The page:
The Federal Communications Commission issued a plan to provide Alaskan broadband carriers with fixed amounts of support over the next 10 years to provide Internet to all parts of Alaska, despite dissent from commissioners.
If all of the carriers accept this plan, they will bring broadband to 111,302 fixed locations and 133,788 mobile consumers. In February 2015, the Alaska Telephone Association proposed to bring and maintain broadband service across the state through rate-of-return carriers and wireless affiliates. The FCC pledged on Aug. 31 that it will provide support to this plan.
FCC Commissioners Mignon Clyburn and Ajit Pai wrote dissenting statements about the plan, saying that it subsidizes competition and doesn’t address middle-mile connection problems.
“Bringing broadband to ‘The Last Frontier’ has unique challenges,” Clyburn said. “Frozen tundra, short build seasons, long nights—not to mention ‘goo.’ That is why the commission has made modifications in its universal service reforms to address Alaska’s unique position.”
However, Clyburn said the plan would support several mobile providers in the same area, which works against the FCC’s policy on universal service reform.
“We do not subsidize competition,” Clyburn said. “We do not provide duplicative high-cost support to carriers in the same area and we do not subsidize carriers where other unsubsidized carriers are providing service.”
Clyburn said that instead the FCC should be directing support to areas that don’t have broadband service already.
Pai said that because of the distances between remote Alaskan areas, some users don’t receive “high-capacity, terrestrial middle-mile connections.” Instead, users connect to the Internet by satellite links at speeds of less than 1 Mbps.
“Those are the speeds at which most Americans accessed the Internet more than a decade ago,” Pai said.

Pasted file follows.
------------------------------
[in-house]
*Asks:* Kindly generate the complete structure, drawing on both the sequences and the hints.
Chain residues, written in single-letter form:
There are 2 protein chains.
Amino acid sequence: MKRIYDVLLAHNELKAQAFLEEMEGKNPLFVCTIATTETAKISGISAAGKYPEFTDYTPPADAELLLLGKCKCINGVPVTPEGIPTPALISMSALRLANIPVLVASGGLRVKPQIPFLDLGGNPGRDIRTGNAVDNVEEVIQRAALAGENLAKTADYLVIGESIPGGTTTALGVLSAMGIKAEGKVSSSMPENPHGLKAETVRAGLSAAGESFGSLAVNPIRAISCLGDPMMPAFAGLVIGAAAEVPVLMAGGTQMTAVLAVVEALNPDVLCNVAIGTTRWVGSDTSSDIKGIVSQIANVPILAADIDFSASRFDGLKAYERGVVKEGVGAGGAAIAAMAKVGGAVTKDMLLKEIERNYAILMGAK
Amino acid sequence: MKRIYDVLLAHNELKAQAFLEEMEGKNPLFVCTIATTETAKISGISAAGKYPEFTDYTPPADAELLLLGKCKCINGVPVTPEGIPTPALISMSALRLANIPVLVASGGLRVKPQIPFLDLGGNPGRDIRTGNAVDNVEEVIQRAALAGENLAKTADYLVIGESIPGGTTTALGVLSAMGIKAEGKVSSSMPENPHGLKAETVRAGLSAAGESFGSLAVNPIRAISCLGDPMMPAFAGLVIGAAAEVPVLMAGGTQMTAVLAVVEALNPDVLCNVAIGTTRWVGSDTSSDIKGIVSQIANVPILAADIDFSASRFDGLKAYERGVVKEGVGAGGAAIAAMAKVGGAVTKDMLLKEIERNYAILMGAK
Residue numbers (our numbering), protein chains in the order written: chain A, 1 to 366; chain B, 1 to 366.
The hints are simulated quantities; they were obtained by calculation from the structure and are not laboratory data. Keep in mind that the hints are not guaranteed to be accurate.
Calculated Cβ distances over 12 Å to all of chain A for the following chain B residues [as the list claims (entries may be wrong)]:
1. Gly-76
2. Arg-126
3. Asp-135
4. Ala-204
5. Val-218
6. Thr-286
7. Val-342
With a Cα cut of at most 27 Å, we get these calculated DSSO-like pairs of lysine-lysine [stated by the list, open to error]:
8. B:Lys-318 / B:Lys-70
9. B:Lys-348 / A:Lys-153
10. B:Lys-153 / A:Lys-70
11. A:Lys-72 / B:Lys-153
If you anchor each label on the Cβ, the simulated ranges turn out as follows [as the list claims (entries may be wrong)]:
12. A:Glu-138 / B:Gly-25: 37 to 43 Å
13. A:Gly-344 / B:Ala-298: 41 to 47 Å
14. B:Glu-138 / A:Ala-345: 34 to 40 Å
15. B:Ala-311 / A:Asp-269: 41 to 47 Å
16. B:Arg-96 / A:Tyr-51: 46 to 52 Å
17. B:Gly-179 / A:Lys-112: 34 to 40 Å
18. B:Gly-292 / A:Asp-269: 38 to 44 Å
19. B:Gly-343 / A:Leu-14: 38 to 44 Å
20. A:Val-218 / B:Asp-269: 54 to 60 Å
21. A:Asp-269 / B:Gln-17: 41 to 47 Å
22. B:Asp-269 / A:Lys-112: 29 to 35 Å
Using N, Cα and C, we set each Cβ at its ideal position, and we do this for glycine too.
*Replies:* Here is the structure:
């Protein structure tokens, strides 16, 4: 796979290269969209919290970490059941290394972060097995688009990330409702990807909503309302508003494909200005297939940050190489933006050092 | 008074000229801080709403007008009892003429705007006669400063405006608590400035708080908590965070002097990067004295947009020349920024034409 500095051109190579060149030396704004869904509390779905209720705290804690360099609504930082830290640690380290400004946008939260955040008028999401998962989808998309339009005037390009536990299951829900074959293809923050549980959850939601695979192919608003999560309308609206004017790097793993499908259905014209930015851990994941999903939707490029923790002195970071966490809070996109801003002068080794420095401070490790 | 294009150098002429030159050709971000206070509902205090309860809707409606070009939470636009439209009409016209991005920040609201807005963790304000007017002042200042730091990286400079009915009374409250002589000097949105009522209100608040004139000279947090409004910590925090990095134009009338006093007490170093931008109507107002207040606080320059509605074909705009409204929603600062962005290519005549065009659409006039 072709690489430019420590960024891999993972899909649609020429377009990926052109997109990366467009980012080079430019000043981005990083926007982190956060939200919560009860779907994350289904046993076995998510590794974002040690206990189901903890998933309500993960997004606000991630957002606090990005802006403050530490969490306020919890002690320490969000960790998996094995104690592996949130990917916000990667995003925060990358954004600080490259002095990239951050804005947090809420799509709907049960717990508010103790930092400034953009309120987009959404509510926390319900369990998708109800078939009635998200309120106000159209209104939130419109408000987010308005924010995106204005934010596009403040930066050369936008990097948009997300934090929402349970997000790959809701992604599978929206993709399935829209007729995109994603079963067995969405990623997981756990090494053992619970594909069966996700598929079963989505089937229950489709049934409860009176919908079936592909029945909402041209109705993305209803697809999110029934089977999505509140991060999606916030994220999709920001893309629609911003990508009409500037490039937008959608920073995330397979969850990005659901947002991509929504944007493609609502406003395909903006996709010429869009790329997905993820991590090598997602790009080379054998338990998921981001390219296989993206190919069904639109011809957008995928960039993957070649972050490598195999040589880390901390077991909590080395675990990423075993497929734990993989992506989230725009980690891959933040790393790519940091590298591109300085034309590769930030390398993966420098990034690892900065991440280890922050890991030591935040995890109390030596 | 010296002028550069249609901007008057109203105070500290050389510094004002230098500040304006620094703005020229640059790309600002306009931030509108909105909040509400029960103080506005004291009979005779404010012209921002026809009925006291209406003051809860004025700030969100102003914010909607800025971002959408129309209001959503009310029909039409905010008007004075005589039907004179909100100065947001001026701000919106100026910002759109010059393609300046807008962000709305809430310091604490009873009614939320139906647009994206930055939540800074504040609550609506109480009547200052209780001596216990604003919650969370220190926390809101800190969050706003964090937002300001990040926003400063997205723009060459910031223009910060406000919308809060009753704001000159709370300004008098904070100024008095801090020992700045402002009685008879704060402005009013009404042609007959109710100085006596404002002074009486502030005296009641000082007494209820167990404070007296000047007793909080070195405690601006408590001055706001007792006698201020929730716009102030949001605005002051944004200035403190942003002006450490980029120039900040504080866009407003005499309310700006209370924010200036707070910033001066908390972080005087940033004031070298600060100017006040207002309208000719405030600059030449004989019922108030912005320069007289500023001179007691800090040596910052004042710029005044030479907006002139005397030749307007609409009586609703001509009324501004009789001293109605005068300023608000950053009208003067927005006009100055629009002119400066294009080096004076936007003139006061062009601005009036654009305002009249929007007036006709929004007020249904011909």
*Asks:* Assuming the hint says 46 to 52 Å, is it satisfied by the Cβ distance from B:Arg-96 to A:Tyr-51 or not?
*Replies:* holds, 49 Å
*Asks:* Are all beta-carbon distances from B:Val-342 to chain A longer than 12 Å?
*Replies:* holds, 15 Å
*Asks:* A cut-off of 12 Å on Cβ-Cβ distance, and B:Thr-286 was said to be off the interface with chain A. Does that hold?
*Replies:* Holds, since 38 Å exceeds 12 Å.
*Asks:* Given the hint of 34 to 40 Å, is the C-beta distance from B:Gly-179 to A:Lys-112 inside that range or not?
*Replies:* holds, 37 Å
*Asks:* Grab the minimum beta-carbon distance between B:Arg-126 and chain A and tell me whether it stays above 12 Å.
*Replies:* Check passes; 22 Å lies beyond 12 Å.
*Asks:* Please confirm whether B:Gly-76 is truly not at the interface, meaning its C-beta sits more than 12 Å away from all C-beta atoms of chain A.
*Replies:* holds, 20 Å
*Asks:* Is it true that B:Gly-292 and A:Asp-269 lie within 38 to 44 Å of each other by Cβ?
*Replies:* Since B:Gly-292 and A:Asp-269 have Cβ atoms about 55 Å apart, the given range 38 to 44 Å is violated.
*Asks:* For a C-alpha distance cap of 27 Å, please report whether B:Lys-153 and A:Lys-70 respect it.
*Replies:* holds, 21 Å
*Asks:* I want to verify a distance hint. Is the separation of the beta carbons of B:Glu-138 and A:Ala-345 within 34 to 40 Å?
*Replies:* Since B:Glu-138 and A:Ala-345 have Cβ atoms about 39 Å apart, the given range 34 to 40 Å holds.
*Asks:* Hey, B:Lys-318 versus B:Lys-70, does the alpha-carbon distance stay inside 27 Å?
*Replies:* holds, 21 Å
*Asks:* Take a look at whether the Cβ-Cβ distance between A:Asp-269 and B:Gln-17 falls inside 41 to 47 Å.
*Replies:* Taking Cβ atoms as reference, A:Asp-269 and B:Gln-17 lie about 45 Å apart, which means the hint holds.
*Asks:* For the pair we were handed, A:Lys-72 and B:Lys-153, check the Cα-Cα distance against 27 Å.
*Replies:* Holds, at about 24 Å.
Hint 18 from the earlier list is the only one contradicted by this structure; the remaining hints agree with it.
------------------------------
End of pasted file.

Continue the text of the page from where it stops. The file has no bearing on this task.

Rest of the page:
Pai said the plan doesn’t designate any money to this problem. Pai said that if every carrier follows the plan, 21,871 rural Alaskans won’t have access to 4G LTE mobile broadband, and of those, 10,202 won’t have 3G. About 46,650 Alaskans won’t have access to 25 Mbps fixed broadband, which is the FCC’s standard.
“Tens of thousands of Alaskans will have to wait at least a decade before being connected with the broadband speeds that most Americans take for granted,” Pai said. “That’s a shame.”
Commissioners Clyburn and Pai were one vote short from stopping the Alaska Plan.
Commissioner Michael O’Reilly filed a statement in support of the plan, saying that it will advance universal service. Under the plan, providers will report on what locations they served, how much they spent on middle-mile connections, and where middle-mile is being applied.
“While the commission does not operate or directly fund middle-mile infrastructure builds, the plan before us will complement private efforts in the state to improve middle-mile availability,” O’Reilly said. “In all fairness, the solution to any middle-mile issue is not just one of allocating funding as past efforts have had a devastating impact on competition in the marketplace, including in Alaska.”
Also, funding will be allocated according to the areas that “need it most.” In five years, the FCC will review where and how the funding is being used to ensure that there aren’t multiple carriers in the same location receiving money.
“While this solution was not my preferred one and represents a significant compromise on my part, I recognize that it will provide the stability and certainty needed to promote comprehensive investment in broadband infrastructure for consumers in one of the hardest to serve states,” O’Reilly said.